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LU selected for Carnegie Project on the Education Doctorate

CPED logoLamar University will join in the Carnegie Project on the Education Doctorate its Board of Directors announced recently.

LU and 21 other new graduate schools of education join more than 80 members of the consortium in the important work of redesigning professional practice preparation in education for the improvement of PK-20 education and the organizations that support it.

“This is a great opportunity for Lamar University’s doctoral program in educational leadership to be involved, through a consortium, in the design and redesign of Ed.D. programs across the country in developing guiding principles for program development,” said Robert Spina, dean of the College of Education and Human Development. “This is cutting edge work in transforming the professional Ed.D. degree for individuals in leadership positions.”

LU’s doctoral program in educational leadership went online in 2011 and has grown steadily. Today, there are around 300 applications for about 45 openings in the next cohort, said Kaye Shelton, associate professor of educational leadership and director of the Center for Doctoral Studies in the College of Education and Human Development.

“In 2013-14, the doctoral faculty sat down to figure a way to keep the program relevant,” said Shelton, who holds a Ph.D. in educational leadership from the University of Nebraska-Lincoln and whose dissertation examined the administration of online education programs. “So we started looking at the global aspect.”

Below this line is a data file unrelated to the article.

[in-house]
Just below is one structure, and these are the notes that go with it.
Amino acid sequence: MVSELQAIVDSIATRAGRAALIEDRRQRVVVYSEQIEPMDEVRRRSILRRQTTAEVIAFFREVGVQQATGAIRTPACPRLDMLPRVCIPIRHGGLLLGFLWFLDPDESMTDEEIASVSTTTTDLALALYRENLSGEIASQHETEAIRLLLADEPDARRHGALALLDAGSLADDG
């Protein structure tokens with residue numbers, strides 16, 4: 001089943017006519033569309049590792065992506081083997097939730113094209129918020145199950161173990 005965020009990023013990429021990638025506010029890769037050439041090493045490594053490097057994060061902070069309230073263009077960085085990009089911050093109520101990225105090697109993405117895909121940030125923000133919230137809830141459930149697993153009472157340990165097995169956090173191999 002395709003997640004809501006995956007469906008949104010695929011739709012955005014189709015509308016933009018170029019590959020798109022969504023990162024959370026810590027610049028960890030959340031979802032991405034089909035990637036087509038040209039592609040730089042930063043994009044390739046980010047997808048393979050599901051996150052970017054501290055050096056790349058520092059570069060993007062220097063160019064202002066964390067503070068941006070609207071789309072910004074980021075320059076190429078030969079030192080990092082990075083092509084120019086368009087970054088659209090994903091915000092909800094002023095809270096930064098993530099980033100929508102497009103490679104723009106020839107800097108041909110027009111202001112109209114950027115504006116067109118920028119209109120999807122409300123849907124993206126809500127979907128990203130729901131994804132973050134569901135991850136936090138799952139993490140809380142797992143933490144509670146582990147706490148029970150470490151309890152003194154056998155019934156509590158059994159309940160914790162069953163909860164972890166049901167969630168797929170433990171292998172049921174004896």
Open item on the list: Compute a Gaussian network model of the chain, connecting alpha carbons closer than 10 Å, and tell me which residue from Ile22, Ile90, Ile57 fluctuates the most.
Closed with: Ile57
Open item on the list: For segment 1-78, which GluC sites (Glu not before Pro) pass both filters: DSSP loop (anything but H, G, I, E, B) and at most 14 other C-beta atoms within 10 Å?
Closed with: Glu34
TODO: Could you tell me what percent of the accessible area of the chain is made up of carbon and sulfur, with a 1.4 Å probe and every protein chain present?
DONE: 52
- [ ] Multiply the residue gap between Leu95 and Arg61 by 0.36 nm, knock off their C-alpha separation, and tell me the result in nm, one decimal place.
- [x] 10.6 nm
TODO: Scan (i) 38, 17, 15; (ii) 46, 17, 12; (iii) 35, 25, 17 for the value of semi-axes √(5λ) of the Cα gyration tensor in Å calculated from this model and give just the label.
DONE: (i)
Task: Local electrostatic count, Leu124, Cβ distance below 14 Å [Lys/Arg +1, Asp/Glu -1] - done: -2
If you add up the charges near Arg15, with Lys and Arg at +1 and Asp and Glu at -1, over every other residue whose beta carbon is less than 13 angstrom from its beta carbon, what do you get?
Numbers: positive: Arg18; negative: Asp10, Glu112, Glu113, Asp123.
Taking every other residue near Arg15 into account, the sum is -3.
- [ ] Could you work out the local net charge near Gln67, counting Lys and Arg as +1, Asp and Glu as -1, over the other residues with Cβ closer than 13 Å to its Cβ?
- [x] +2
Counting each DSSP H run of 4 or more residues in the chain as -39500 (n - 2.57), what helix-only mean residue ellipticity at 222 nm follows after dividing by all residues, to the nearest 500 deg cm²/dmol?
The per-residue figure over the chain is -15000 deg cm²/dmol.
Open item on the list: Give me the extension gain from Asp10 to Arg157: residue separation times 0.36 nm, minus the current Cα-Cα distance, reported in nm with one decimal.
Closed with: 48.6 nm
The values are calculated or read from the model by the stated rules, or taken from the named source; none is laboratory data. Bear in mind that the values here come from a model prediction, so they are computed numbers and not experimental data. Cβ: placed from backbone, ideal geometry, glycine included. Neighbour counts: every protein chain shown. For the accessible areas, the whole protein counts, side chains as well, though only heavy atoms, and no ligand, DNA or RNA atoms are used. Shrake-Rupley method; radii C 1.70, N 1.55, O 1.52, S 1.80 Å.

“As a faculty, we spent many hours individually, on retreats and in lots of meetings going through and working on our curriculum to change it to a global mindset,” Shelton said. Now, students earn the Ed.D. with a concentration in global educational leadership.

“We’re still working on the dissertation to make it very relevant to students by ensuring it is applicable to real-world problems,” she said. The majority of LU’s students are not going to become college faculty members, but are going right back into the field, she said. “We are committed to continually improving the program and making sure that it is meeting the needs of these education practitioners.”

“Being a member of CPED provides us with resources and access to other programs where the walls of competition are lowered as we sit down at the same table and talk about issues together,” Shelton said.

CPED institution members and their faculty engage in a model of professional development to learn from and with each other the best ways to design professional preparation.

New members were chosen through an application process and evaluated by a CPED committee composed of faculty members of current CPED institutions. Based on the application and support materials provided by each prospective member institution, CPED anticipates that adding these institutions to the consortium will add an immense value and push CPED’s collective work even farther.

CPED hosts bi-annual convenings in June and October at member institutions. LU will be invited to attend the next CPED Convening at the University of Pittsburgh, June 12-14. This will be the 10th Anniversary of CPED and its theme, Reclaiming to Innovating: CPED @10 years, offers new institution members an opportunity to explore how the CPED framework has impacted the educational doctorate across multiple contexts.